Interview by Annie Pearce, Vice President of Communications at Triangle AMA
Stephen Fraser is one of two Internet geeks that created Spoonflower when their creative wives wondered why there wasn’t a way to create your own custom fabric. The company not only strives to allow individuals the freedom to create their own fabrics, but also to provide fabrics that are good for its customers as well as the environment. The on-demand process cuts down on wasted fabric, ink, and the printing process uses less water. As a company, Spoonflower is on a mission to bring more of the industrial world into the 21st century.
In this interview with Stephen Fraser, discover his passion for this area and his thoughts on how we can move our community forward. Hear about the harrowing beginnings of Spoonflower, as well as the goal to influence more of the industrial world to move to digital printing.
Our vision is to make the Triangle one of the top five centers for innovation and entrepreneurship in the country. What do you think still needs to happen to accomplish this?
The Triangle is already one of our country’s leading regions for innovation and entrepreneurship. The foundation for our success was laid decades ago in the form of investment in the infrastructure to support tech and life science companies. Local universities partnered with government and private investors to create Research Triangle Park in 1959, which became the home of successful companies like IBM.
The more recent blossoming of the region has also arisen from the successes that came before it. When a company does very well, especially when it’s a company that goes public, that company tends to generate waves of smaller start-up companies. Those smaller companies help create and attract new talent and investment, and some of them, in turn, become successful themselves and start the cycle over again.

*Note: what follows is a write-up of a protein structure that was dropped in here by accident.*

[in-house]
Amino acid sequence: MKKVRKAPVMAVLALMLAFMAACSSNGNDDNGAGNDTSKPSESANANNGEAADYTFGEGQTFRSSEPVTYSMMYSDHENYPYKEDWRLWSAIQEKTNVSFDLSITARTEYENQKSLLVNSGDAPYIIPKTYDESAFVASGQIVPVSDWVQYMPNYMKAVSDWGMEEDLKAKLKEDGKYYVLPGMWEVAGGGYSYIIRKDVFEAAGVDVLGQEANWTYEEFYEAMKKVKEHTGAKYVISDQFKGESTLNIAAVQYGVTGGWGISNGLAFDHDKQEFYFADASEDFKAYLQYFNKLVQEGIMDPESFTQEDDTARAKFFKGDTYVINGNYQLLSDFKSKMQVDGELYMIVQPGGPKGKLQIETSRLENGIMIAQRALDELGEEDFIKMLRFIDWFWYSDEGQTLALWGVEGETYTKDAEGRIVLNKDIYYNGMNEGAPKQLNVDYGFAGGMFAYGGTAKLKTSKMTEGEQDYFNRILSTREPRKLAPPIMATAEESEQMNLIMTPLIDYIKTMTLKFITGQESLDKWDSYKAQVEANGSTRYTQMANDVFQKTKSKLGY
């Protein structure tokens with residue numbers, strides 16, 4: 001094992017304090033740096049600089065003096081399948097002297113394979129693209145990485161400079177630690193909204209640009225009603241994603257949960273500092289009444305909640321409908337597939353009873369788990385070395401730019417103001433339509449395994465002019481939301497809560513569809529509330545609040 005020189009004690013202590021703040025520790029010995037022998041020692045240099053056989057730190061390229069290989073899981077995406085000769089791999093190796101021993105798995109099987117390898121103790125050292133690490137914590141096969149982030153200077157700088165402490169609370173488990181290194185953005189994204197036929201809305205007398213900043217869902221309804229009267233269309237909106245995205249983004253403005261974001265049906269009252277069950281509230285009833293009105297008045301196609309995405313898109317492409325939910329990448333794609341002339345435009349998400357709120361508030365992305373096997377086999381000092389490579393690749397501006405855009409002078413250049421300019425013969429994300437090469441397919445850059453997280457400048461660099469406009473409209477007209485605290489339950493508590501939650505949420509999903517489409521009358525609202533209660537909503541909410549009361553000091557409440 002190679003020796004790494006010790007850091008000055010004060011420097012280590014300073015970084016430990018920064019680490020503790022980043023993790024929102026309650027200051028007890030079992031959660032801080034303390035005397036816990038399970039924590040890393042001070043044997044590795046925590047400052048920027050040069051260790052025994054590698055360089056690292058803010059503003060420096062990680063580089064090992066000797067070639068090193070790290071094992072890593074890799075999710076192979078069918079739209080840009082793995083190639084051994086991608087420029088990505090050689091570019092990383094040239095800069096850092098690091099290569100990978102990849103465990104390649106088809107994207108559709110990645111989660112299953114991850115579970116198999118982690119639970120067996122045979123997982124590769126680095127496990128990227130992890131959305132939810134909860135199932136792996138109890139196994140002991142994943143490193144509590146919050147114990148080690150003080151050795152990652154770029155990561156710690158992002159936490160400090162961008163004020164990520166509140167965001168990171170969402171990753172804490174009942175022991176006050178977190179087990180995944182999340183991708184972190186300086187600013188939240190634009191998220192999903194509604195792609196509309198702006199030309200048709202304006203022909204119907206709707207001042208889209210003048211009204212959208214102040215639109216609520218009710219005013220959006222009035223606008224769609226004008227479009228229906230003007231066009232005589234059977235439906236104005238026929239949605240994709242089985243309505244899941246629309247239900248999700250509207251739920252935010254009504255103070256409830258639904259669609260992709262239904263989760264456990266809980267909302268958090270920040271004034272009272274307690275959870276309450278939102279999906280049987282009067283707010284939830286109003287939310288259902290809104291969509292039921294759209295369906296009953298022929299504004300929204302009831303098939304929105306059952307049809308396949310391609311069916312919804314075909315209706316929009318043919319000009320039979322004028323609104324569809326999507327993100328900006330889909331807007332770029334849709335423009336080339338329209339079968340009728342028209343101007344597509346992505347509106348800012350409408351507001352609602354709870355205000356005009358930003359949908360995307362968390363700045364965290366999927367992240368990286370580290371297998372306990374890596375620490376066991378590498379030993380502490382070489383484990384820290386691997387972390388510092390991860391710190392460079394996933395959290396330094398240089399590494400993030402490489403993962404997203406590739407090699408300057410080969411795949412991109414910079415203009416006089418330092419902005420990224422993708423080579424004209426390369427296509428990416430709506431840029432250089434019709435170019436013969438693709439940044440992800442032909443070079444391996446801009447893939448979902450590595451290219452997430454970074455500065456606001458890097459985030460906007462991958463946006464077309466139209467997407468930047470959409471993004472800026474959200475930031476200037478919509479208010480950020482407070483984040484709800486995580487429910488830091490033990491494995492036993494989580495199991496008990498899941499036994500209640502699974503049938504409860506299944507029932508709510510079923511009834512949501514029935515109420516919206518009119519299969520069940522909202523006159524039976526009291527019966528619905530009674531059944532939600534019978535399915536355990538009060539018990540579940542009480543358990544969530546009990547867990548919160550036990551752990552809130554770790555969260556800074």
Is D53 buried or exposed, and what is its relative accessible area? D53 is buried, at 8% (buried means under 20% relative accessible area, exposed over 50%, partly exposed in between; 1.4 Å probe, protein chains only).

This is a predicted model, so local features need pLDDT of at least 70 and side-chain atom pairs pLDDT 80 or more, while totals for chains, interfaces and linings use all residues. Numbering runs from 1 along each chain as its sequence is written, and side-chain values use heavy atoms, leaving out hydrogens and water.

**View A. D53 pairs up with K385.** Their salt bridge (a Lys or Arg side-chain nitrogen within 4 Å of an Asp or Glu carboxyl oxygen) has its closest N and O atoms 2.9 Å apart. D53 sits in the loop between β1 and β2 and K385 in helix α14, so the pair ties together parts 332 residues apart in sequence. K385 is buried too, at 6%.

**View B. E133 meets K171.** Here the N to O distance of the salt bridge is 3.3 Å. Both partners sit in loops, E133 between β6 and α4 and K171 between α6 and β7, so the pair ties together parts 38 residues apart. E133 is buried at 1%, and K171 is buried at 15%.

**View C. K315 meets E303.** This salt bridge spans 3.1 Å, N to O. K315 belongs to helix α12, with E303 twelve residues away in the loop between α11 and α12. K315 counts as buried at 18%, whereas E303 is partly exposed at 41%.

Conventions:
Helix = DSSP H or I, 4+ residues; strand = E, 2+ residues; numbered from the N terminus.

An example of how that sort of ecosystem works is Red Hat, which went public in 1999 and became one of the Triangle’s greatest success stories. The entrepreneur who founded Red Hat, Bob Young, went on to found Lulu.com in 2002, which was the first company to allow people to publish and sell their own books through the Internet. It allowed a reader to buy a single copy of a book that would be digitally printed on demand and fulfilled. Working at Lulu.com is where I met Gart Davis, my co-founder at Spoonflower, and in 2008 we applied what we learned at Lulu to start our own company. Another local success story, Bronto Software, was founded by two entrepreneurs who met working at Red Hat. A third local startup that is doing well right now, Windsor Circle, was founded by someone who used to work at Bronto.
All of which is to say, what the Triangle really needs to continue to thrive is more success stories, especially big ones: more companies that are started here, grow here, and then go public the way Red Hat did, spinning out the seeds for further innovation in the process.
The other thing we need, just to add a bit of political context, is a state legislature that is not fixated on retrograde social legislation like the recent HB2, which limits the scope of legal protections available to lesbian, gay and transgender people. When North Carolina is perceived by people outside of the state as hostile to particular minorities, and also near the bottom of the pack in education and teacher pay, that makes it awfully hard for those of us in the business community to sell the idea that our state is a great place for software engineers, executives, and other skilled professionals to relocate, and that it is a great place for investors from elsewhere to find opportunities for their money to grow.
Why did you choose to start your business in the Triangle?